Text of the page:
July 5, 2015
Bill Moyers: ‘We’re Almost Out of Time’
Posted on May 18, 2011
Peter Scheer: Well, so, how do you find the communities? Who are the people who are providing this care? And how do you find, I guess, the people that you are trying to help, at the same time?
Cole Miller: Well, it’s all grass roots. So basically, we put together a couple of demonstration projects to show that people in ordinary circumstances could do it. And then I knew there would be news reports, because we do pretty aggressive media outreach, and we have been able to successfully penetrate quite a bit of mainstream media with these stories. And we knew that people would see it, and like-minded people would get in touch with us. At least, that was my assumption, and that’s exactly what happened. So a community gets in touch with us, expresses an interest in putting together a project, and we assist them in doing it. Now we’re—we’ve moved into phase 3, and it’s kind of an exciting time for us, because I always envisioned this as something where we put together demonstration projects, then we hook up with communities, with like-minded people and we bring children here and get those stories told. Because the basic premise is, if you object, help the victims and tell the story, and a lot will come from that. But I always thought that we would help communities to do that. And then at a certain stage, we would help communities to form it independently—use it as a model. In other words, do it themselves, raise the money themselves. And the first group, Healing Children of Conflict, in Grand Rapids, Mich., a boy whose leg was blown off by a U.S. bomb just arrived there last week.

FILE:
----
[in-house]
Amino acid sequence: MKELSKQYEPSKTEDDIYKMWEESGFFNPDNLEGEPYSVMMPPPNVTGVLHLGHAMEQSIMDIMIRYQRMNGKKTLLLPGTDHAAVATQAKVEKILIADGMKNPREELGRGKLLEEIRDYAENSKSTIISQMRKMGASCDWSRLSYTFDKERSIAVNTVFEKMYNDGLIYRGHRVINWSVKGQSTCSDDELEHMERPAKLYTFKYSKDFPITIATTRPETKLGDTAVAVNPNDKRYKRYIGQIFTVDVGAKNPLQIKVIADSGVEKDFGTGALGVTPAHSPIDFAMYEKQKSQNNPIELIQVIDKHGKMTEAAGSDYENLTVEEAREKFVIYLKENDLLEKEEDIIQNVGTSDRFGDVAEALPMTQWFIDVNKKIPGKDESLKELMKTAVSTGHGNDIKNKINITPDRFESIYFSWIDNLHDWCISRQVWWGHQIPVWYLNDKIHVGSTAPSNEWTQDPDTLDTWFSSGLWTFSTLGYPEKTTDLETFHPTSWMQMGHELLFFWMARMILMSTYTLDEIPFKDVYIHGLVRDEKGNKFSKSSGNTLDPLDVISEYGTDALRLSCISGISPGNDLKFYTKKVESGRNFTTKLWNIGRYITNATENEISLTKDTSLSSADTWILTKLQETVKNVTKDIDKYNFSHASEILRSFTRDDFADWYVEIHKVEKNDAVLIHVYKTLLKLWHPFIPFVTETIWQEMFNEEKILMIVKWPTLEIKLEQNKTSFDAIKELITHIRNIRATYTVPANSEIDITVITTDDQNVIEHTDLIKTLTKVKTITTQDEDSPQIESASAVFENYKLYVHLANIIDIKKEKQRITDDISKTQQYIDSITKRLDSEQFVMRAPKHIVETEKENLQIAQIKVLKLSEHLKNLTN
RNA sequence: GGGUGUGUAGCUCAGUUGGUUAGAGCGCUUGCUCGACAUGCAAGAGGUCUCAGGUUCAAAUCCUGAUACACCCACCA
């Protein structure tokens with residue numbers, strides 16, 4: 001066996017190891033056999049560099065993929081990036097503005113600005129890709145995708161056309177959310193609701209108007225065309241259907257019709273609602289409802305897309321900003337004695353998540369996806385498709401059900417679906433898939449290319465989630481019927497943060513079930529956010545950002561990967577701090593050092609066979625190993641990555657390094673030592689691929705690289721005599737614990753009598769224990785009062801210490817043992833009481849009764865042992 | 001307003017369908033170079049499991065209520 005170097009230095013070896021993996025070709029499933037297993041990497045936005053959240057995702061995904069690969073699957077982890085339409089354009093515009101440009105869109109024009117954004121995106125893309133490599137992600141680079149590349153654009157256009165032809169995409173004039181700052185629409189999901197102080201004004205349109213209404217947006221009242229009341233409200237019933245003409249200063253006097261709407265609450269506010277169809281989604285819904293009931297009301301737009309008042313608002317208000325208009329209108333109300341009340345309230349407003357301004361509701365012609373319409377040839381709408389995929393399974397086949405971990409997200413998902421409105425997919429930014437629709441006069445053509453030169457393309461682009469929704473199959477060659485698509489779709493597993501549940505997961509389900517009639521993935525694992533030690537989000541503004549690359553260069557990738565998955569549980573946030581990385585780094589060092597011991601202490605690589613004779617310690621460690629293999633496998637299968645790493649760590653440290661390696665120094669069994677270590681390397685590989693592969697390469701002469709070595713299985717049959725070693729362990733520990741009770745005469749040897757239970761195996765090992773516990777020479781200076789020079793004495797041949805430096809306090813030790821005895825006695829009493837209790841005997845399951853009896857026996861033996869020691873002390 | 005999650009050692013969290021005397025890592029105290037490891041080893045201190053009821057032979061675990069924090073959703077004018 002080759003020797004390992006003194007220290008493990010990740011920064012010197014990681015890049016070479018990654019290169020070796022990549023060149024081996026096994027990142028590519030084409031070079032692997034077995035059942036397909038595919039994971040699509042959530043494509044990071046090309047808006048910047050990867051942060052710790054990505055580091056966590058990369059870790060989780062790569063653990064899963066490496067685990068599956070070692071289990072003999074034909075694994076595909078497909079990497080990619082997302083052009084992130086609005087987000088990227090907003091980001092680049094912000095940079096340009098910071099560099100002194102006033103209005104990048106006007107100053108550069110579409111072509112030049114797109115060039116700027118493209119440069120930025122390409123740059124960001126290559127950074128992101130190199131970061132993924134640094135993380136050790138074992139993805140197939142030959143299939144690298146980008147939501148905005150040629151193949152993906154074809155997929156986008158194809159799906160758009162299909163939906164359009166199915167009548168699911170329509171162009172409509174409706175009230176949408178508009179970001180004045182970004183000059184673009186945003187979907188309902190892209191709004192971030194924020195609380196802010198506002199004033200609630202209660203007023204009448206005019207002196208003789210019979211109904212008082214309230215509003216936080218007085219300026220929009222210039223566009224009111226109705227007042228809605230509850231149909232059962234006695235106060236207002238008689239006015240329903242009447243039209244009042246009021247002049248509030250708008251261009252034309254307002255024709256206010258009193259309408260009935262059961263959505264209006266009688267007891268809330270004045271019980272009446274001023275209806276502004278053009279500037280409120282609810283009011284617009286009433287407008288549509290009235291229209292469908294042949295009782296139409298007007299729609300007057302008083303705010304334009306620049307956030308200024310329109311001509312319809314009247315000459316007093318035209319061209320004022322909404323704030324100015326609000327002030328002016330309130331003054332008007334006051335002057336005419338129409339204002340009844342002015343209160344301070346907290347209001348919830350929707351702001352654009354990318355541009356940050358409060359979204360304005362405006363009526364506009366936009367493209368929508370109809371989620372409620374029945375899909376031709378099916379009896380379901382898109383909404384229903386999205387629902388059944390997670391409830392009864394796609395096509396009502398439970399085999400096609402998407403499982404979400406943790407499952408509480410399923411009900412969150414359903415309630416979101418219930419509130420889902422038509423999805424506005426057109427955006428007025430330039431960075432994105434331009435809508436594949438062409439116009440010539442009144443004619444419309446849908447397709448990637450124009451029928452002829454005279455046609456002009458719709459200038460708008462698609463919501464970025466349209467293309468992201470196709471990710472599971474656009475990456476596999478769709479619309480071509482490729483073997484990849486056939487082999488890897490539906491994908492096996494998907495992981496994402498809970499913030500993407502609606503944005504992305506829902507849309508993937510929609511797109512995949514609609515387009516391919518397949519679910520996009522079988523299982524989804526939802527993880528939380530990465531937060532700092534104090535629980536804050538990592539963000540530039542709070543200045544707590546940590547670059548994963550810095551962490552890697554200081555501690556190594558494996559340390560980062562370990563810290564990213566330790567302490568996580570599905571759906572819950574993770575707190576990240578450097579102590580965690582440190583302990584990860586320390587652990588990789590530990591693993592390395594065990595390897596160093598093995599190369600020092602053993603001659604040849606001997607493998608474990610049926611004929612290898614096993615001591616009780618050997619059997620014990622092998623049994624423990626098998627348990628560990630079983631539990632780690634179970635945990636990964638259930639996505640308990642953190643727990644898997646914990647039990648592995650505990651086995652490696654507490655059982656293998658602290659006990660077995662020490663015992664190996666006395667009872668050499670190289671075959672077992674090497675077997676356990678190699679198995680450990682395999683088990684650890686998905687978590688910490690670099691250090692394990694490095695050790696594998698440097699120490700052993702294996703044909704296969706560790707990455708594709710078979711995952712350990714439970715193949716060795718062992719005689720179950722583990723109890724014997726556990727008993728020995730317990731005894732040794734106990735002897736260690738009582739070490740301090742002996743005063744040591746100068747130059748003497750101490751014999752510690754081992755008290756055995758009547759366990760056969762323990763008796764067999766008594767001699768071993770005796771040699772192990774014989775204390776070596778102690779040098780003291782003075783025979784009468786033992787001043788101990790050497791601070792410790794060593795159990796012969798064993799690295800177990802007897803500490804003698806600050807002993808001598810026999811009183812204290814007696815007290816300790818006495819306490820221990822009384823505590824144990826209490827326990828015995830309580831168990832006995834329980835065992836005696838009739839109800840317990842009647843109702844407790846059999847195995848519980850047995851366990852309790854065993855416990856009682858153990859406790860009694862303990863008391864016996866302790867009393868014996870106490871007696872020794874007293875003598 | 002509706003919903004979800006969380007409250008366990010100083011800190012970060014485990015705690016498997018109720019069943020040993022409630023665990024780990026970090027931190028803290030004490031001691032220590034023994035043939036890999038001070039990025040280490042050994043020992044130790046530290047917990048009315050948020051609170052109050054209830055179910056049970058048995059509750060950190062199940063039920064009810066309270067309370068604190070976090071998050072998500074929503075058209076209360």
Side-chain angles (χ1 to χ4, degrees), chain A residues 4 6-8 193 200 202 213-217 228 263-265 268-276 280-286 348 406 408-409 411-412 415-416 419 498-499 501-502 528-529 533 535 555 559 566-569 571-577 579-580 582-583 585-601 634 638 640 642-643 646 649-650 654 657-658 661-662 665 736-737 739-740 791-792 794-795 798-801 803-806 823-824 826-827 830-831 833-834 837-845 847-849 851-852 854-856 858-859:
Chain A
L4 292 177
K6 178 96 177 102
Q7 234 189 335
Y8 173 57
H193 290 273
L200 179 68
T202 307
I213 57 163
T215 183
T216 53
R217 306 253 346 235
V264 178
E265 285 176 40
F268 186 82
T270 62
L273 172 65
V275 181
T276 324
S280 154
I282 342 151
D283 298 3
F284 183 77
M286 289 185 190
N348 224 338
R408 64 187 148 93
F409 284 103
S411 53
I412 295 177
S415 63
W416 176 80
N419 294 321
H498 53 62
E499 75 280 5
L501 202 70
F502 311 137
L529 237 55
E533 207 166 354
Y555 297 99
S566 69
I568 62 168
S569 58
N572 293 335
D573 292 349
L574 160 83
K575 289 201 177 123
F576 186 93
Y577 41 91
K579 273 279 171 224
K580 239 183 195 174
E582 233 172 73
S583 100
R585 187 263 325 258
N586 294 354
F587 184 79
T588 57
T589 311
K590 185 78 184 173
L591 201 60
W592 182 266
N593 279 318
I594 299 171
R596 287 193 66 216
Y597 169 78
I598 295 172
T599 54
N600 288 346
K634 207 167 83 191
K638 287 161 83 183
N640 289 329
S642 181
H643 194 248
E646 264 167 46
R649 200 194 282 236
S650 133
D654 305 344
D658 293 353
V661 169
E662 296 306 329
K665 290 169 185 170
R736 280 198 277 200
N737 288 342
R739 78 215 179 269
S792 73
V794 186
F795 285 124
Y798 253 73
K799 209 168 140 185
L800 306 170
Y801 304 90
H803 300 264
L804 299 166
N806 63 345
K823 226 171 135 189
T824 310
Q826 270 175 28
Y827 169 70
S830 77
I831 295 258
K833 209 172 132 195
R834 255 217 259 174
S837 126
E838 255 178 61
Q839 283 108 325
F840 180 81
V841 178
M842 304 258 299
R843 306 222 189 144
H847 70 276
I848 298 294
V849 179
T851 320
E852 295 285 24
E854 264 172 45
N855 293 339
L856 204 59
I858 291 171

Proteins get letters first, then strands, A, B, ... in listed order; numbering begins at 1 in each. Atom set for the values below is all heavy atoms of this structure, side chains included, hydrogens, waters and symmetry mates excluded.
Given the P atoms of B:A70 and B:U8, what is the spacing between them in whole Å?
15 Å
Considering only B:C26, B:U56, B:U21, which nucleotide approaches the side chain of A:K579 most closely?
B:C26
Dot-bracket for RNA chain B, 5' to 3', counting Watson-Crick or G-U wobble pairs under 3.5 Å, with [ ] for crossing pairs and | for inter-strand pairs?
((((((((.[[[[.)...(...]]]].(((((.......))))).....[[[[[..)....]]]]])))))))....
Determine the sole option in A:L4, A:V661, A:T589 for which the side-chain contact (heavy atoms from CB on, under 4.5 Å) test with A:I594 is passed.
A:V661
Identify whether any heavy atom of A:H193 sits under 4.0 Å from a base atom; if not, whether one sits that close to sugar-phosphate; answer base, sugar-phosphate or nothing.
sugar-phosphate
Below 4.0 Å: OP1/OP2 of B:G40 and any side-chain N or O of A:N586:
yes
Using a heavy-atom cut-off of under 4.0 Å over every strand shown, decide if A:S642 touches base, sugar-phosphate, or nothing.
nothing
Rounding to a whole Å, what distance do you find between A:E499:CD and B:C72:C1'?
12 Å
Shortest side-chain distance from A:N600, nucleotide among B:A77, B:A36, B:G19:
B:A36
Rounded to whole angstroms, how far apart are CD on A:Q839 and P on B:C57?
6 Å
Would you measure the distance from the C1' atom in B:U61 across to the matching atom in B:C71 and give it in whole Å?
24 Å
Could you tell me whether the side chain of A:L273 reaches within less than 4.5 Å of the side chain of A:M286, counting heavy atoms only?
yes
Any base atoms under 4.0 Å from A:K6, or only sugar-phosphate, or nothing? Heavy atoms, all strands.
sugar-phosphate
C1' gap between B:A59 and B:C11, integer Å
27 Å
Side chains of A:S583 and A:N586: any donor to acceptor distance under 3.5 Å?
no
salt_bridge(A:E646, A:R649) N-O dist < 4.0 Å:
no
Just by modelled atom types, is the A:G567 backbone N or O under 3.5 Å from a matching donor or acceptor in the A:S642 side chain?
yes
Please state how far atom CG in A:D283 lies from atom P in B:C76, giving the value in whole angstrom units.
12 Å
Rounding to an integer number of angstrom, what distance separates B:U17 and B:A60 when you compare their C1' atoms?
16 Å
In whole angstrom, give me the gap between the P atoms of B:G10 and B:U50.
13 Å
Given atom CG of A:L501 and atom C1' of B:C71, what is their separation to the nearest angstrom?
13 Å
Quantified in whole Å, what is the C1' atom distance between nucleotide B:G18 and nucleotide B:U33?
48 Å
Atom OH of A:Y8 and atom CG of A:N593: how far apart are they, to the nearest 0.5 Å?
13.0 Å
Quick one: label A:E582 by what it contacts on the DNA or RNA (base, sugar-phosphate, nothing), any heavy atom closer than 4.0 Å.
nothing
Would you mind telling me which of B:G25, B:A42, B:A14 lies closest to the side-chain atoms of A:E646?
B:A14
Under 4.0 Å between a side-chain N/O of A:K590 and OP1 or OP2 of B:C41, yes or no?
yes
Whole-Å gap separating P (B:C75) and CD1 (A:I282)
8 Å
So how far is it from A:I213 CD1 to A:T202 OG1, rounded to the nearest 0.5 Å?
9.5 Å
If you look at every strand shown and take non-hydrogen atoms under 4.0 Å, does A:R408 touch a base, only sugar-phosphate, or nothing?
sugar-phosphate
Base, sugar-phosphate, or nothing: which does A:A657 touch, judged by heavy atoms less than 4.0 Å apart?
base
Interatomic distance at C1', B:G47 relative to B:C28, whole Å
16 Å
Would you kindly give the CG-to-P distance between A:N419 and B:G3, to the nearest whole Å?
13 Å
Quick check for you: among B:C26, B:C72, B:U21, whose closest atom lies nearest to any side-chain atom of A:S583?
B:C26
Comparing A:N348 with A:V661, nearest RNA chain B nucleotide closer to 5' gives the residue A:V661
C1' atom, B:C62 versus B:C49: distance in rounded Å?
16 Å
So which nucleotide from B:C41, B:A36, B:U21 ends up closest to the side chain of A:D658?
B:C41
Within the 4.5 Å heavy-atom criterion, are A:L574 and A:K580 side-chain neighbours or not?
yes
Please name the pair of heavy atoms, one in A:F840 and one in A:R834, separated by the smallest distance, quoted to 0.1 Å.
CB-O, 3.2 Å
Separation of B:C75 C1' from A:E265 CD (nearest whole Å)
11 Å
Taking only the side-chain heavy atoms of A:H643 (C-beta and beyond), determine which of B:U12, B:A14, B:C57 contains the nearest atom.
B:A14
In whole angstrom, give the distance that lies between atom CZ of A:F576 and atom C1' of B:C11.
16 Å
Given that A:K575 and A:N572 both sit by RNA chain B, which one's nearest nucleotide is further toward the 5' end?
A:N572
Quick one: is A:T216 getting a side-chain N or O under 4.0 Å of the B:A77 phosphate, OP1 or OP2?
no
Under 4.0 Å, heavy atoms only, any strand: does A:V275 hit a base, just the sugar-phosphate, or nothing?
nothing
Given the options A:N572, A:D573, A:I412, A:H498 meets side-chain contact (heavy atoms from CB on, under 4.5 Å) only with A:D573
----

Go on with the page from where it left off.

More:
Peter Scheer: Oh, good.
Cole Miller: So that after all of these years, we have our first—it’s been replicated completely based on our model, for the first time. Now, I … just want to say, really quickly, that we’re in the cross hairs as well. It’s not just the Iraqi people, you know—although they’ve been made to suffer savagely, obviously, things that we can’t even imagine. But the middle class is being destroyed in this country [the United States] before our very eyes. Now they’re going after Medicare; they’re going after Medicaid; they’re going after Social Security. We are being victimized by this war system as well, in a little bit different way. Now, that model—if you object, help the victims and tell the story—could be applied domestically as well as internationally. So let’s just take one instance. Supposing you have a veteran who’s come back and who discovers that there are no jobs for him, or that he’s lost his job. And that a corrupt bank is going to foreclose on his home. So he and his family are about to be evicted from that home. What would happen if some vets who are opposed to the war realize they were duped into it, got together and said, we’re going to get together with some other just everyday citizens who are of like mind, and we’re going to put our bodies between the people who are coming to foreclose on this veteran’s home, and the people who come to take it away from him. Now, if hovering in the background is some phony paperwork, you know, is some fraud on the part of the bankers, so much the better. But that kind of initiative, where you intervene to help the victim and you tell the story—I mean, I think you could get coverage for that in the mainstream media here.